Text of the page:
Stretch marks in pregnancy
As your baby grows (and so do you) your skin gets stretched… and stretched. Stretch marks affect as many as nine in 10 pregnant women and, alas, you can't really prevent them – although many of us spend a small fortune trying to do so
Stretch marks, also known as ‘striae gravidarum’ are reddish lines, slightly indented, that tend to appear on the breasts, belly and upper thighs and eventually fade to a silvery grey. They don't only affect pregnant women – they can happen whenever the skin is stretched, for example if you gain weight suddenly or during growth spurts in puberty.
What causes stretch marks?
Your skin is made up of three layers and stretch marks occur in the middle layer (the dermis). As the dermis is stretched by your growing bump (and possibly your growing bottom and thighs, too, ahem) small tears appear in the dermis, causing the blood vessels in the layer below show through, which is why they are red or purple. Eventually the blood vessels contract and what you’ll see then beneath the tears is your layer of fat (attractive, no?) which is what gives the stretch marks a silvery-white colour.
One of the less glamorous signs of pregnancy, stretch marks can look very visible when they first appear. Women variously describe having the look of flames rising from their big knickers, road maps on their bumps and the general appearance of having been recently attacked by a wild animal while naked. Fear not – this look will fade.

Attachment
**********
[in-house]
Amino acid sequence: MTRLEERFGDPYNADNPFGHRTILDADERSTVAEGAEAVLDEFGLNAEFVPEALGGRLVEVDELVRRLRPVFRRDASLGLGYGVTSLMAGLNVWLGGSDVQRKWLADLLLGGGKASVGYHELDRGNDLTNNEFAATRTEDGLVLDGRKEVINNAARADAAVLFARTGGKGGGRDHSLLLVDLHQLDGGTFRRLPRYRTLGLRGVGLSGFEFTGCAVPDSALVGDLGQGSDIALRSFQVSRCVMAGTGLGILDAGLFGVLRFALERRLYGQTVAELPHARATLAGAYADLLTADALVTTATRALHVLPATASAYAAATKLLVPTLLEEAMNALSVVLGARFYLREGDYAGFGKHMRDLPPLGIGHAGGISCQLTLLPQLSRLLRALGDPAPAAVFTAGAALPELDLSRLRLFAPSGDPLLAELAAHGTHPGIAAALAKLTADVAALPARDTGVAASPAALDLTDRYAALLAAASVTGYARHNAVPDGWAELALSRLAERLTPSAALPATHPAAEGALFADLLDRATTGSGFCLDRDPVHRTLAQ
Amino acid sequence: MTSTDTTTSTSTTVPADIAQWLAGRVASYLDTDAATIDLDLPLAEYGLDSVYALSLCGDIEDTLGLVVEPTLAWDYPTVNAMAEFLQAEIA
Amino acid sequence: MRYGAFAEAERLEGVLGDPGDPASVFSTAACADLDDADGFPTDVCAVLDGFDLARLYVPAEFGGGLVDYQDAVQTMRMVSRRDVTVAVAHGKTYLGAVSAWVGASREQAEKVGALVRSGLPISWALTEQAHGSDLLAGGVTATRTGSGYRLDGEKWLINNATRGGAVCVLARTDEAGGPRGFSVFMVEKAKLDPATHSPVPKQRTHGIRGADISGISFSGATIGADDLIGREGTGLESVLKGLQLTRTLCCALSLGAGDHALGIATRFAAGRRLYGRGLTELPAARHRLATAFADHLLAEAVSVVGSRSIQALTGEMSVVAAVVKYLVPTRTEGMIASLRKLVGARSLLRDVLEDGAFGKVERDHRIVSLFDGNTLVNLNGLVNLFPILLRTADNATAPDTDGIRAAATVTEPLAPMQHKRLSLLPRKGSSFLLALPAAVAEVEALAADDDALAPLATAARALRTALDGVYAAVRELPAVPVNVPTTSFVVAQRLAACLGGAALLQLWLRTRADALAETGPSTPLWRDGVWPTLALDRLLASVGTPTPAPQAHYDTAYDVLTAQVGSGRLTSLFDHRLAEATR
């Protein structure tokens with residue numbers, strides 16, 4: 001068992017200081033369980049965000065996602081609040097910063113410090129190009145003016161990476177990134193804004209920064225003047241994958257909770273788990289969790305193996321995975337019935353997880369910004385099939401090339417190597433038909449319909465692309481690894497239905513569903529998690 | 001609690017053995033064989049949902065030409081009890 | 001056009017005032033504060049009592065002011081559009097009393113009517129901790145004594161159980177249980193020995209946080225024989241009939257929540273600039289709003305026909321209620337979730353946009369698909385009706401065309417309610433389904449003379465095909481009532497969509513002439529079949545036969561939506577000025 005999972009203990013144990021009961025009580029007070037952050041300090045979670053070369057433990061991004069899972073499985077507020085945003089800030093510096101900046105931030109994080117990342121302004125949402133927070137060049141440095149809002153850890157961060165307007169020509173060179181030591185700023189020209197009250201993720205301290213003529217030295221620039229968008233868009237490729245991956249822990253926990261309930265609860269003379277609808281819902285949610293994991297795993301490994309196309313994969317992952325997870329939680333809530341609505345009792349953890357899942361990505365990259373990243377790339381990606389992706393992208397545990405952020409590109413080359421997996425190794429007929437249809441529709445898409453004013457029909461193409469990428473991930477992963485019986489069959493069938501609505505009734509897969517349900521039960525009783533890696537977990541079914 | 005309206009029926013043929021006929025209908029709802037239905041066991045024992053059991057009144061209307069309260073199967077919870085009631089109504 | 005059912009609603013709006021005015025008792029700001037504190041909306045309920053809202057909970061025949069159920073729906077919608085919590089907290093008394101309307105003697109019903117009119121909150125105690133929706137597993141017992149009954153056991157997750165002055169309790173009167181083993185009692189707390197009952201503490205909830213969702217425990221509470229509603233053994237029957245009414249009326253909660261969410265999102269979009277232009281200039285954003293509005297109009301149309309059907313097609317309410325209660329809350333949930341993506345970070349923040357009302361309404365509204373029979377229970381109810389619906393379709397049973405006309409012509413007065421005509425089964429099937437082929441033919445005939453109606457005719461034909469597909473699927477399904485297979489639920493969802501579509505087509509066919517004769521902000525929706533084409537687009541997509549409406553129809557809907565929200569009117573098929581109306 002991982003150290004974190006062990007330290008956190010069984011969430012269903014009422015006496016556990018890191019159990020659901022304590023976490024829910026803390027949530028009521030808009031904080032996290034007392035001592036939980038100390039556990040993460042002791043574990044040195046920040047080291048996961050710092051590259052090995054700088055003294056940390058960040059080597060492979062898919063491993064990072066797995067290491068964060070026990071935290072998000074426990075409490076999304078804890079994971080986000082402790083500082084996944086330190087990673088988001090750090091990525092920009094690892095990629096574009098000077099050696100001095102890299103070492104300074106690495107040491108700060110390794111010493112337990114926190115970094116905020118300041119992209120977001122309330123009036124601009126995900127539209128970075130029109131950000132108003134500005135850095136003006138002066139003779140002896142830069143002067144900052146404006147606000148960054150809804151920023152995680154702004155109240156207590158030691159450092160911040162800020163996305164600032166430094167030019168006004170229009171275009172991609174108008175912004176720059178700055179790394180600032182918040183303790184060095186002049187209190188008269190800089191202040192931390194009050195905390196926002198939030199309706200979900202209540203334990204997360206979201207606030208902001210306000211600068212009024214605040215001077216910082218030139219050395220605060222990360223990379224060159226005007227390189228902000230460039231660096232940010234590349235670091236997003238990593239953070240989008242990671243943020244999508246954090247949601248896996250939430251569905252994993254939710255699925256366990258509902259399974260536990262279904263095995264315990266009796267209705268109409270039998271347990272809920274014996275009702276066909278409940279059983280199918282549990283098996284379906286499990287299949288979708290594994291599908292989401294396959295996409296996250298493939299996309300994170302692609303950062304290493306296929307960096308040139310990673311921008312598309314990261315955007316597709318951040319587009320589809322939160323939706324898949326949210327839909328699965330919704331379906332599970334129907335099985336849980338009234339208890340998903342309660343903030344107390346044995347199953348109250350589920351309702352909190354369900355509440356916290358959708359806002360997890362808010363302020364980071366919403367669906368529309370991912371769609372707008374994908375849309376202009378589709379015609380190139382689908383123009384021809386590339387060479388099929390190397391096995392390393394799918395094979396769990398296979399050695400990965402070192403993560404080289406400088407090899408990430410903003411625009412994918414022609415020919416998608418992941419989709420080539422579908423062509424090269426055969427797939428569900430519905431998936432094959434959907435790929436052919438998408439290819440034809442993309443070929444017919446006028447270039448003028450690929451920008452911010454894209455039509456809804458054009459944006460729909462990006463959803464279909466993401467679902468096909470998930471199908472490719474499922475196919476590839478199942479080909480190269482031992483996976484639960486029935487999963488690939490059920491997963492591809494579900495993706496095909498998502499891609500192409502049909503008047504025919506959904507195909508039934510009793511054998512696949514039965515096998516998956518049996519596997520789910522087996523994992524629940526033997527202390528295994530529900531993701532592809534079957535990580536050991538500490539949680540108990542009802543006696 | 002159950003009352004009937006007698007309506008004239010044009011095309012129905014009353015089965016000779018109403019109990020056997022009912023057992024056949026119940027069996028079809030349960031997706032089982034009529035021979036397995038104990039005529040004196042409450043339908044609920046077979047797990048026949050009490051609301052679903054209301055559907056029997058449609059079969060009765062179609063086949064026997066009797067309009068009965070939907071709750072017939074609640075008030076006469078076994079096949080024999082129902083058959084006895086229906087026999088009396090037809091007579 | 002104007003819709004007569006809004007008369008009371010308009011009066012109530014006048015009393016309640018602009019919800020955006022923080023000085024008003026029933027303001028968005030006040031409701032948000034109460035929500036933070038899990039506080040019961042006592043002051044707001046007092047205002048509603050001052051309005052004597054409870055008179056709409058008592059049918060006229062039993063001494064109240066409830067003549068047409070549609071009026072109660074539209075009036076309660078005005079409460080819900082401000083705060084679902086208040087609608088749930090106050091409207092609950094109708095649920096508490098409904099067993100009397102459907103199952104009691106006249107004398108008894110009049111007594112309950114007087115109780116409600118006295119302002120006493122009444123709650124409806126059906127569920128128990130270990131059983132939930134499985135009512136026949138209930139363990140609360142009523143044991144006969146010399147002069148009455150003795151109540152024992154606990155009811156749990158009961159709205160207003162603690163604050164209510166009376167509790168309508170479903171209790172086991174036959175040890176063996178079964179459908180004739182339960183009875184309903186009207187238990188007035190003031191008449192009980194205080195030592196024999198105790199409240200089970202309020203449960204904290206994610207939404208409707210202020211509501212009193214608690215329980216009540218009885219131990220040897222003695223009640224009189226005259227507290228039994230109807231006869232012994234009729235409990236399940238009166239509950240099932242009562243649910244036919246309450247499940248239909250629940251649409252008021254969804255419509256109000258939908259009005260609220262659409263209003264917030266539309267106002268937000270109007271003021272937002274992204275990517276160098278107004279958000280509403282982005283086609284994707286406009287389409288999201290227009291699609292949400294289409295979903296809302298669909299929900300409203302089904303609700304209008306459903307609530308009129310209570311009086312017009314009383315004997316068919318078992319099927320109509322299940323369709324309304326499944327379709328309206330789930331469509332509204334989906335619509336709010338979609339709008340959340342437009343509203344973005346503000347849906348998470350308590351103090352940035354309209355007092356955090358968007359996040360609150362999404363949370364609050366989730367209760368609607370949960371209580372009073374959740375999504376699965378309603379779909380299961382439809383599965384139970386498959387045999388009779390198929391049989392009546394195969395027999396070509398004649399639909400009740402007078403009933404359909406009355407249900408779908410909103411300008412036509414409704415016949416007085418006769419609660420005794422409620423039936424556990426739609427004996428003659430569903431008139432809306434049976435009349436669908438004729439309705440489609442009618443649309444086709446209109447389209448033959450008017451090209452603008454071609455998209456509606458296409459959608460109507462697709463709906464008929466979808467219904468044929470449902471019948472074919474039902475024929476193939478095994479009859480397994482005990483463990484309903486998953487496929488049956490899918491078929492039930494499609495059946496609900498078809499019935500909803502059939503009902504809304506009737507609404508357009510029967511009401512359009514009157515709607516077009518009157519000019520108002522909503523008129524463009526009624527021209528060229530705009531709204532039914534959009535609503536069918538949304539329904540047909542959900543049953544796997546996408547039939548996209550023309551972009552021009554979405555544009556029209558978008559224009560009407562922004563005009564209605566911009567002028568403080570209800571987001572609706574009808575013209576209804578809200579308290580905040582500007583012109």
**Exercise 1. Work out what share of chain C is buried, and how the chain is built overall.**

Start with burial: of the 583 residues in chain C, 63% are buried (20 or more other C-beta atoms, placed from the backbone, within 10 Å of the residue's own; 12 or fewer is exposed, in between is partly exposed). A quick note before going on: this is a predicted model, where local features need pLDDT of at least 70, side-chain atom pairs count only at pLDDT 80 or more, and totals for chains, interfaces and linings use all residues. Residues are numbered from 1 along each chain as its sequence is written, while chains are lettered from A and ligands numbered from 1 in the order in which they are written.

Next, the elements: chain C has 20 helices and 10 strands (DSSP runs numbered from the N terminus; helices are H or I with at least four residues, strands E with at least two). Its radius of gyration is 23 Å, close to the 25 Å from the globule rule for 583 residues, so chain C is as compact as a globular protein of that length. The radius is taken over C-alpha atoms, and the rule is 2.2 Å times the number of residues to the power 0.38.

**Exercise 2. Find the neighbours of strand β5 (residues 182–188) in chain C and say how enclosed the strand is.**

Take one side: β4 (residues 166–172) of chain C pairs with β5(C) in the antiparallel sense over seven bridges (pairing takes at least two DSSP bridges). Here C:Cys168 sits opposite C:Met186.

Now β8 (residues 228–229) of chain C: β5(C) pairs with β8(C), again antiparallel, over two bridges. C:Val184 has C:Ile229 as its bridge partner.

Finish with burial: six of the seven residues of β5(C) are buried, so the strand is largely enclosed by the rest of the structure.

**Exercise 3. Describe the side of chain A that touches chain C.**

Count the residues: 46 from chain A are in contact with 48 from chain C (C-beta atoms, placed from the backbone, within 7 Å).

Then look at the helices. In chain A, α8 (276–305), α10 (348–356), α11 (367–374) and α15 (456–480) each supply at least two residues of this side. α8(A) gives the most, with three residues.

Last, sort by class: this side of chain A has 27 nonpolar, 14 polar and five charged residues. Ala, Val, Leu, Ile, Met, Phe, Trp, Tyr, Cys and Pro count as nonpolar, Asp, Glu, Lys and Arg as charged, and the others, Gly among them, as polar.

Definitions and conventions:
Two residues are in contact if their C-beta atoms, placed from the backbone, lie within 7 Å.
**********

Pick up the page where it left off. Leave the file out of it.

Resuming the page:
I've just accepted I'm never going to reveal my tum in public ever again.
If you haven't got them, don't start boasting before you’ve packed your hospital bag, as they tend to appear in the last three months of pregnancy. They can even appear in the days after birth, since they can be caused by sudden weight loss as well as gain.
“I cringe when I think about how long into my pregnancy I patted myself on the back that I had no stretch marks, only to find one night when undressing at my mum's (she has a low level light in one of the bedrooms) that they were all hiding under my bump where I couldn't see them. It looked like someone had painted a roadmap on my stomach.”
Can you prevent stretch marks?
Not really, no. You’ll be very lucky to completely avoid them. There are a few things you can do to help minimise them, however:
If you can, try to ensure your weight gain in pregnancy is steady – obviously this is easier said than done, but a healthy, balanced diet will help. Include plenty of fresh fruit and vegetables. Those containing vitamin C are particularly helpful as vitamin C plays a vital role in the production of collagen as well. Nuts and seeds and fruit like avocados are all high in vitamin E, which also plays an important role in skin health.
Regular exercise will also help to keep weight gain steady. Exercising during pregnancy helps get you fit for birth and will give you more energy, too, so it’s an all-round winner.
Lots of women swear that rubbing oil into their skin saved them from stretchmarks. A 2:1 blend of almond and wheatgerm oils is often recommended, and some complementary therapists recommend vitamin E capsules – either taken or rubbed into the skin. There is some evidence that vitamin E creams, if used very frequently right from the start of pregnancy, can reduce the effects of stretch marks by increasing the suppleness of the skin as well as your circulation. Do check with your midwife or doctor before doing so, though and check labels carefully as not all forms of vitamin E are suitable for pregnant women.